2019 State Legislative Outcomes

Hundreds of thousands of Minnesotans many of them children lack access to healthy, affordable foods. Since 2016, the Good Food Access Program has provided financial and technical assistance to grocers, farmers and other small food retailers working to address Minnesota’s food access challenges, but demand for dollars has consistently exceeded available funding, and funds were set to run out this year. The Minnesotans for Healthy Kids Coalition supported bipartisan legislation that would have provided $2.5 million each year to continue and expand upon this important work.

A small budget target for the agriculture committee proved to be a challenge this session, and in the end, lawmakers dedicated up to $300,000 per year to reinvest in the Good Food Access Program. This investment will help sustain the program through the next biennium, providing needed support to local grocers and farmers who are committed to increasing access to fruits and vegetables, dairy, lean meats and poultryfoods important to children’s health and reducing the risk of diabetes and heart disease.

Outcome: The Good Food Access Program was sustained with up to $300,000 in funding each year!

Issue lead: Lorna Schmidt, lorna.schmidt@heart.org

For more than 10 years, the Statewide Health Improvement Partnership (SHIP) has worked to prevent and reduce the leading causes of chronic disease: tobacco use and obesity. SHIP supports local community partners in all 87 counties and 10 tribal nations, with nearly 5,200 partner sites engaged across schools, worksites, businesses, the agricultural community, health care clinics and more. This session, we worked to protect and maintain full funding for SHIP at approximately $35 million per biennium.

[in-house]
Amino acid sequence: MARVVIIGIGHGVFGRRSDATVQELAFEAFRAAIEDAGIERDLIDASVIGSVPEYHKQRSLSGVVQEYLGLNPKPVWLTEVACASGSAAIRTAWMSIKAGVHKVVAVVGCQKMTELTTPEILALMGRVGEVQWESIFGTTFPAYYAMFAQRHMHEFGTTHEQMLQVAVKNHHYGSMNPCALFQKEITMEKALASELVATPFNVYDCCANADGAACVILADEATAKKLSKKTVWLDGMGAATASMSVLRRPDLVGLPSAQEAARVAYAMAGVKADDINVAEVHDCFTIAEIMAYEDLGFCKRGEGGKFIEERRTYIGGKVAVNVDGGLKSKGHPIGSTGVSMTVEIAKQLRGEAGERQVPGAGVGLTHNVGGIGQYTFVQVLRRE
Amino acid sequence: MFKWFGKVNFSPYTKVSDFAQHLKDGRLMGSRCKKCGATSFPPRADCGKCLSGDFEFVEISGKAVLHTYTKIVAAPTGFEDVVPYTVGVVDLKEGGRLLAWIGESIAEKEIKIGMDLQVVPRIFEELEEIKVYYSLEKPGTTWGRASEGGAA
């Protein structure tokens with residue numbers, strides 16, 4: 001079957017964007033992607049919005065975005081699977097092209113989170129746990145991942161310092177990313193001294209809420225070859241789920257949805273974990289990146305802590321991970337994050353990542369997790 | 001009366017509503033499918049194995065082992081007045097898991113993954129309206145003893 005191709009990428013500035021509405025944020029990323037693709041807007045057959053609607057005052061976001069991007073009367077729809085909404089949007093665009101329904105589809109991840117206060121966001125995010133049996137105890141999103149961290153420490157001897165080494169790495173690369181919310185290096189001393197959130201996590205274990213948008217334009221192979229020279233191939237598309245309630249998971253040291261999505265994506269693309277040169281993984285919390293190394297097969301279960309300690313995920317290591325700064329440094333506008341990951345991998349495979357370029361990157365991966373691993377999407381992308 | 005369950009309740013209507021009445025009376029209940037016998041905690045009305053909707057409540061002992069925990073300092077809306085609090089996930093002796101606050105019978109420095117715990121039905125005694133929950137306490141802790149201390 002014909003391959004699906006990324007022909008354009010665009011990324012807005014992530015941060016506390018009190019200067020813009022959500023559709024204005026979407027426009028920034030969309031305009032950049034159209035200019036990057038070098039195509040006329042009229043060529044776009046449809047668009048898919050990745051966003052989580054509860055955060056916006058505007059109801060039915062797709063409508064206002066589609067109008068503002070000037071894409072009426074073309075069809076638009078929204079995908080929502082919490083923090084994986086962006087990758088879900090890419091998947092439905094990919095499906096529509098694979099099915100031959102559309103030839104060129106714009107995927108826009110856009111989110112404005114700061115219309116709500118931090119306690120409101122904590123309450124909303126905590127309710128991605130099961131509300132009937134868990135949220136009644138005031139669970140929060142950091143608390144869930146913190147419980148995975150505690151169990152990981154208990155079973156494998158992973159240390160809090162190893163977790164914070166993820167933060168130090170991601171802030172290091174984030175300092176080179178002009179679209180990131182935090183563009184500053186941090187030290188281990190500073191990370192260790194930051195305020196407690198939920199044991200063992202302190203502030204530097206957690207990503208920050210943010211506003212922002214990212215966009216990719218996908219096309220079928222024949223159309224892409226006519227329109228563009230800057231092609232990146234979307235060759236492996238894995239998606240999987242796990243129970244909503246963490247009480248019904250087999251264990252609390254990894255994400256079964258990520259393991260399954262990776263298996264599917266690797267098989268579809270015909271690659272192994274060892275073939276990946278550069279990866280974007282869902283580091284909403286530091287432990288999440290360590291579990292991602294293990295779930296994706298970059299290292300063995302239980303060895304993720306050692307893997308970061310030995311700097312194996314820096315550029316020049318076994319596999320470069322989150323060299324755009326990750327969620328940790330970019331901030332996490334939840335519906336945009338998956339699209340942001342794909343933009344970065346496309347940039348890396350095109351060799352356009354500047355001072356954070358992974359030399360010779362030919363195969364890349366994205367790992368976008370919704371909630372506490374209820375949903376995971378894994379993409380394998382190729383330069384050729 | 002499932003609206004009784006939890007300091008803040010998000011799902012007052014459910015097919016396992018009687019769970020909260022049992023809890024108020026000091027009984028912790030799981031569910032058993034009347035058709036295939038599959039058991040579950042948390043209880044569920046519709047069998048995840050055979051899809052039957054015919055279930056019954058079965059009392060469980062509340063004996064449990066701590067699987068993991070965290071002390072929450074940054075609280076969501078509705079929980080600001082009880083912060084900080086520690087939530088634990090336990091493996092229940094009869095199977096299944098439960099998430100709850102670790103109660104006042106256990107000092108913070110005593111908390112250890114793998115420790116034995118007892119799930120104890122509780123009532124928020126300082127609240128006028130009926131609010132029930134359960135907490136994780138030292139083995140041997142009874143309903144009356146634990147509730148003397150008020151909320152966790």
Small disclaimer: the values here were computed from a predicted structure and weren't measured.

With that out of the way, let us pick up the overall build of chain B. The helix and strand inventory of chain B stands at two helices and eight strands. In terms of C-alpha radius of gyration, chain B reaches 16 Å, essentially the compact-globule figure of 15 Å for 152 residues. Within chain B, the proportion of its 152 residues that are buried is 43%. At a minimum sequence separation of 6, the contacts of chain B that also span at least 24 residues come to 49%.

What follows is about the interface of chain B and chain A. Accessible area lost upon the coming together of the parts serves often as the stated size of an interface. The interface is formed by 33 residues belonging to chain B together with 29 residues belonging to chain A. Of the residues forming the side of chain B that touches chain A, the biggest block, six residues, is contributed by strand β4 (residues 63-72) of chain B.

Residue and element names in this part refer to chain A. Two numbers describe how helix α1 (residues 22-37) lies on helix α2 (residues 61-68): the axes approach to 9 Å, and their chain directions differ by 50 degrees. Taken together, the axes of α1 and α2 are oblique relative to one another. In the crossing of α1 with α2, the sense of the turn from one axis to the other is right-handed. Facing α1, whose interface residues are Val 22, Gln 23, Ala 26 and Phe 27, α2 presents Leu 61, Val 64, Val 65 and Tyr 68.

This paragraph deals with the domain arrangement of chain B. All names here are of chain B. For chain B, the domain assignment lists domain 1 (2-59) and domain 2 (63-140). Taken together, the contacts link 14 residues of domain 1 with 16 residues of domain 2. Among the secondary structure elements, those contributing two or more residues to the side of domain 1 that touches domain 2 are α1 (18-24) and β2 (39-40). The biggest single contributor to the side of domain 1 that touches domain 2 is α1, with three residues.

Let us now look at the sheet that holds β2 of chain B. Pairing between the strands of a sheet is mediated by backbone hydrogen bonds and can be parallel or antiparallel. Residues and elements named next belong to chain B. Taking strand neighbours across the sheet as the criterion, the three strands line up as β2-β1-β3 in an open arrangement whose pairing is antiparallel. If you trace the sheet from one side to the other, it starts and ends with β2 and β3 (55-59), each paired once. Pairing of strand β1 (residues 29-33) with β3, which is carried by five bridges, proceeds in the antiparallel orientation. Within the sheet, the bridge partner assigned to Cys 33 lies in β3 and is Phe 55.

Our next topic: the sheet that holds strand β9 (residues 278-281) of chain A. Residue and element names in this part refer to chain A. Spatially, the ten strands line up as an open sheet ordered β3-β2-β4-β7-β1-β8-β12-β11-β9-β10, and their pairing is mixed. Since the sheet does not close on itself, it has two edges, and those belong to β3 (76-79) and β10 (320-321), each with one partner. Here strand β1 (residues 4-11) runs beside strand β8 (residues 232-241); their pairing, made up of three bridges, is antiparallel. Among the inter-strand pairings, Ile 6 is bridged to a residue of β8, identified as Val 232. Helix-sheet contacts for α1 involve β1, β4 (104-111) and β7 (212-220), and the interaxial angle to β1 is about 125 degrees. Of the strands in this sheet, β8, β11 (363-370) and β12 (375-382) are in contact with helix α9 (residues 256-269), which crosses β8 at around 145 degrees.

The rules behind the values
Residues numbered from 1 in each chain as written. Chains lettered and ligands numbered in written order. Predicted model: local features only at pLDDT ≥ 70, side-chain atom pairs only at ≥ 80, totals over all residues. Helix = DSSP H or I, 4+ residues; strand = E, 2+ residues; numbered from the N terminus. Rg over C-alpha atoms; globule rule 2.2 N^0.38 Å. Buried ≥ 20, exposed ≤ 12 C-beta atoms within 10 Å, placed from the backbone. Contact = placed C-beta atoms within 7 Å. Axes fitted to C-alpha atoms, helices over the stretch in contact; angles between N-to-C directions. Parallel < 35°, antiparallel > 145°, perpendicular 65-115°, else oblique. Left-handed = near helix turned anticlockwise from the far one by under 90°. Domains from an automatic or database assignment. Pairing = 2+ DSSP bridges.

Lawmakers agreed to maintain full funding for SHIP through the Health Care Access Fund. As part of final negotiations, they also revised statutory language to allow the commissioner of health to direct SHIP funds to new strategies that are based on data from the statewide health assessment but beyond SHIPs original scope of tobacco and obesity prevention.

Outcome: SHIP received stable funding of $35 million for the biennium!

Issue lead: Kari Oldfield, koldfield@mncounties.org

  • School Nutrition:

With the goal of establishing a voluntary “Breakfast After the Bell” program to help more kids eat a healthy breakfast and start the school day ready to learn, coalition partners supported bills in the House and Senate that would have provided state reimbursement for qualifying schools to provide free breakfast to all 2019 MHK Legislative Summary

students in a particular school building, if that school offered a breakfast delivery model allowing students to eat their breakfast after the start of the school day.

Costs associated with the bill as introduced in the House were $3.1 million in FY20 and $4.3 million in FY21. Qualifying schools were those at or above 30% of federal poverty. Before the state reimbursement would apply, qualifying schools would need to demonstrate to the commissioner of MDE that they were maximizing federal nutrition funds first and had a viable local plan to provide a breakfast delivery model to allow students to eat up to and after the first morning bell.